I'm trying to understand one part of the fundamental theorem of calculus in the Spivak's calculus book. On page 282 he defined:

$$m_h=\inf\{f(x);c\le x\le c+h\}$$

$$M_h=\sup\{f(x);c\le x\le c+h\}$$

Afterwards, he said

$\lim_{h\to0}m_h=\lim_{h\to 0} M_h=f(c)$, since $f$ is continuous.

I understand intuitively why this is true, but I don't know how to prove it rigorously.


Since $f$ is continuous, there is $x_h \in [c,c+h]$ such that $m_h=f(x_h)$.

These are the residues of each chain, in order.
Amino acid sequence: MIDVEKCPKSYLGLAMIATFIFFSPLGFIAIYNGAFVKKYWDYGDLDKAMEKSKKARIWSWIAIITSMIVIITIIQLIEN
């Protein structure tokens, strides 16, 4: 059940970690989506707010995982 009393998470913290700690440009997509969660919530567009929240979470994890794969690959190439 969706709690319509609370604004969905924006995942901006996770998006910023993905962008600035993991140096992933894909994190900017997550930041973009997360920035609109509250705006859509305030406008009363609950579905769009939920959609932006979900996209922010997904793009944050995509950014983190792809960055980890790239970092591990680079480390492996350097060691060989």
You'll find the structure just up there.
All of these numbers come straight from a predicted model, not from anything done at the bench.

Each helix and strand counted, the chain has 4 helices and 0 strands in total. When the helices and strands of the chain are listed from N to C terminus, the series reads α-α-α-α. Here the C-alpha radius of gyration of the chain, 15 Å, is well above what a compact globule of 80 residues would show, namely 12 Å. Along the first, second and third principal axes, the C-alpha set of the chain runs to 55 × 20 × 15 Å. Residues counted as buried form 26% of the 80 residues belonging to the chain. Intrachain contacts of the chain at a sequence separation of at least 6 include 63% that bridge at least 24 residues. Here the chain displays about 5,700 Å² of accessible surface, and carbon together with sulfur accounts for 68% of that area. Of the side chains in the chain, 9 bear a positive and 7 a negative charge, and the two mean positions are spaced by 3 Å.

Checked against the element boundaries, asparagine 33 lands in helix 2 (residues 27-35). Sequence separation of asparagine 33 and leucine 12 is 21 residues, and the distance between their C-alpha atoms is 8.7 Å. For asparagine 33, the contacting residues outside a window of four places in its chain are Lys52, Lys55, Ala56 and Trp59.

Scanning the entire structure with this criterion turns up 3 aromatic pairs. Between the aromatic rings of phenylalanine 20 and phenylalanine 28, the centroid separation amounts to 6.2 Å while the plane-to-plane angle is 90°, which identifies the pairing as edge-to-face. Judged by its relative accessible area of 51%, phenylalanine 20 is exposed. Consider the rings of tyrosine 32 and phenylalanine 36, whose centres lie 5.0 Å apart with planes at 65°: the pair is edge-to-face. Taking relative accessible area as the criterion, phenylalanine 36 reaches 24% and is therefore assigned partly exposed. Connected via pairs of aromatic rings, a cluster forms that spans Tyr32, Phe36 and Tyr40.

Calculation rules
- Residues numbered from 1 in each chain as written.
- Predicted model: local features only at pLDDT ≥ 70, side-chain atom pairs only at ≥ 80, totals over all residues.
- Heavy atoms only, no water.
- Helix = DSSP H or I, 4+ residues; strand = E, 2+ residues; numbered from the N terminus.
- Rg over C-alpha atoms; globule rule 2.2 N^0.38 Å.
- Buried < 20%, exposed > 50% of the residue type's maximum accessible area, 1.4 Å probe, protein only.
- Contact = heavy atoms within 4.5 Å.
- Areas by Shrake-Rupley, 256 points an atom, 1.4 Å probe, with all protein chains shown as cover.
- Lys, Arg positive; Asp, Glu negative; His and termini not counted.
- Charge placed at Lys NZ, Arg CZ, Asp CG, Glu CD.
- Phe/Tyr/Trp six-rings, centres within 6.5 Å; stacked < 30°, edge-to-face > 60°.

With $h \to0$, we get $x_h \to c$. Then, by continuity, we derive $m_h \to f(c)$.

  • $\begingroup$ Thank you for your answer, but how can we prove rigorously $h\to 0$ implies $x_h\to c$? $\endgroup$ – user42912 Aug 16 '17 at 7:30
  • $\begingroup$ We have $c \le x_h \le c+h$ $\endgroup$ – Fred Aug 16 '17 at 7:44

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